Lego's colourful plastic bricks to go green

AFP

There may be a global revolt against plastic, but Danish toymaker Lego, famous for its multi-coloured plastic building bricks, remains a raging success, even if it, too, aims to go green.

Once revolutionary, then a ubiquitous material, plastic is increasingly being shunned due to the lasting harm its chemical components do to the planet.

As a result, Lego has vowed that its iconic bricks will be 100 percent sustainable by 2030.

With pieces that are virtually unbreakable and reusable for generations, Lego -- whose name is a contraction in Danish for "Leg Godt" or "Play Well" -- has always had sustainability as a leitmotiv, Tim Brooks, head of corporate responsibility, told AFP.

Now, the company just has to adapt to environmental and consumer demands.

A study by the NPD market research group showed that 47 percent of Christmas shoppers worldwide chose not to buy a toy due to sustainability concerns.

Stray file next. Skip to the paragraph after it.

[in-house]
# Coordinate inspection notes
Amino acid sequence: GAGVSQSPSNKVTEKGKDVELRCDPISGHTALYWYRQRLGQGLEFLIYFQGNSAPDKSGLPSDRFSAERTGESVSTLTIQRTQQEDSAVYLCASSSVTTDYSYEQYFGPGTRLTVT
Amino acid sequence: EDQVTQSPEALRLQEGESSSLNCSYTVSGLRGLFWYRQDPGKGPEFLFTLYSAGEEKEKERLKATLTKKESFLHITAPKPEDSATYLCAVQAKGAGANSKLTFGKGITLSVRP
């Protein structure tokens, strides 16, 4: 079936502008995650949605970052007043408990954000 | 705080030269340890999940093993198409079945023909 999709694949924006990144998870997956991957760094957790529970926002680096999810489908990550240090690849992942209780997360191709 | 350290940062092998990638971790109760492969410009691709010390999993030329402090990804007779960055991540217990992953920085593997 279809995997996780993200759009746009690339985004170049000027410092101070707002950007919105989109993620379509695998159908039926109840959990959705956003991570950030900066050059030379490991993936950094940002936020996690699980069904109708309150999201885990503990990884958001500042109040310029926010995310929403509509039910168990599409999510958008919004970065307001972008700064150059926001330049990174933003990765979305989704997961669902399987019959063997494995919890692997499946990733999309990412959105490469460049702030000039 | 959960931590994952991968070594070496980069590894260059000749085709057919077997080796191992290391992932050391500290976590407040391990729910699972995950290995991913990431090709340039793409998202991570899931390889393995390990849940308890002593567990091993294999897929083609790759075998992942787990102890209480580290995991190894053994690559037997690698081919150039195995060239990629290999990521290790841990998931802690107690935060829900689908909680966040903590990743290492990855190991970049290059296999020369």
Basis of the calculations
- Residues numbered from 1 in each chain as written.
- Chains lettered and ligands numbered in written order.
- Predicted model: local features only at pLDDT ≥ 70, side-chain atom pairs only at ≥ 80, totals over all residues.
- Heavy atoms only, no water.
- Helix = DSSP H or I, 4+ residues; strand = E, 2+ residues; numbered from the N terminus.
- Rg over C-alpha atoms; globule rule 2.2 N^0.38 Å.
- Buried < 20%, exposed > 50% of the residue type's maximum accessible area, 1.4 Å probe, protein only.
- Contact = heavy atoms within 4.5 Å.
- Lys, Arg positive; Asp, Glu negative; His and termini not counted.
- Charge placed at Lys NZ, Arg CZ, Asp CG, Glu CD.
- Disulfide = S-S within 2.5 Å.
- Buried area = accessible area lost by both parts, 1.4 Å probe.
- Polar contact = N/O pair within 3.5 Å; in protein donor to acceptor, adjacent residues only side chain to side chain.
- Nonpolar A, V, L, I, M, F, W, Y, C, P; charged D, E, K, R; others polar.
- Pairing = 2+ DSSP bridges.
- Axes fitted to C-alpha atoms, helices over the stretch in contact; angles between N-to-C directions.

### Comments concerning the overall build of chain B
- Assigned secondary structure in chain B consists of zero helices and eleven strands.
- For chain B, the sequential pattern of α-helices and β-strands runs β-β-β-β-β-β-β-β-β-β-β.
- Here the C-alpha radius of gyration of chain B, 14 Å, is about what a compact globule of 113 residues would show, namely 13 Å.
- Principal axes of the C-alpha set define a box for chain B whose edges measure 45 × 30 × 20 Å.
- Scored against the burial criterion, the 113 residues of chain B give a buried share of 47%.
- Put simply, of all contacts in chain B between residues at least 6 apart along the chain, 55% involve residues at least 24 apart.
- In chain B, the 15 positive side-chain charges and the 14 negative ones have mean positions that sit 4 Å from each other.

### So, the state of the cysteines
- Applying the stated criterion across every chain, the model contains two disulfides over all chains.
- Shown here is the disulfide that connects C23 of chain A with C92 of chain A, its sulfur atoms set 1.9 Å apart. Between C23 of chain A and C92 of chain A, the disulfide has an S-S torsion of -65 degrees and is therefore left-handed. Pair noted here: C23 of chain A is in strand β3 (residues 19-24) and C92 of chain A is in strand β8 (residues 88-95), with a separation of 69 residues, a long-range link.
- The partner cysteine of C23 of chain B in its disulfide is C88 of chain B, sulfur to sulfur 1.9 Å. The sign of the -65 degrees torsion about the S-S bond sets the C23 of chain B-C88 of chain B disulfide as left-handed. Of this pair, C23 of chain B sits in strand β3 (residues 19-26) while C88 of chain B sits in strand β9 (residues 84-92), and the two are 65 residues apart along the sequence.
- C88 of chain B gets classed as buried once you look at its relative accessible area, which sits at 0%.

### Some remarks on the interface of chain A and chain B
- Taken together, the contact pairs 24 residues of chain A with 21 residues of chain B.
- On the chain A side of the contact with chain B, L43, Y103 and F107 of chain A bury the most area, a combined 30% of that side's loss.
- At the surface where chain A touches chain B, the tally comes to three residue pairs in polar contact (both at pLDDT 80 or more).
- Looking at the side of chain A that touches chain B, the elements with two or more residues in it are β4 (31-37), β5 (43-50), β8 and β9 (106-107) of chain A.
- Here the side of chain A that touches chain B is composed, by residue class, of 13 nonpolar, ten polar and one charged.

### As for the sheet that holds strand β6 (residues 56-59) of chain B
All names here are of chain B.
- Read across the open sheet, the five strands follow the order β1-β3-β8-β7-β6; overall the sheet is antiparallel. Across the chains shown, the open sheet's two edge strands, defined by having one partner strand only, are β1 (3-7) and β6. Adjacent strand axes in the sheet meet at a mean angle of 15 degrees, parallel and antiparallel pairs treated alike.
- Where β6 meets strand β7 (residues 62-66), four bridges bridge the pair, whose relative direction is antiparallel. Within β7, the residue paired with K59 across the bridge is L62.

"Toy manufacturers are really embracing this topic... There's a lot of innovation in both packaging and material for toys," Frederique Tutt, a toy industry expert at NPD, told AFP.

Lego, based in the western Danish town of Billund, has no plans to abandon plastic. Rather, it aims to improve on the materials it uses.

Currently, most of its pieces are made of acrylonitrile-butadiene-styrene (ABS), a petroleum-based substance also used to make household appliances.

"We want to use plastic in a responsible way, and particularly where it is in a high quality, durable and reusable application. And that's what Lego bricks are," said Brooks.

For now, two percent of its plastic pieces, or 80 of the around 3,600 construction pieces, are made of a biosourced material, a sugarcane-based polyethylene.

These pieces are mostly trees, leaves and bushes in the kits, which do not have to meet the same durability requirements as bricks, which have to stick together tightly.

It is a technical challenge, as Lego wants to ensure that customers do not notice any difference between the old plastic and any new materials.

"We don't want you to notice it," Brooks insisted.

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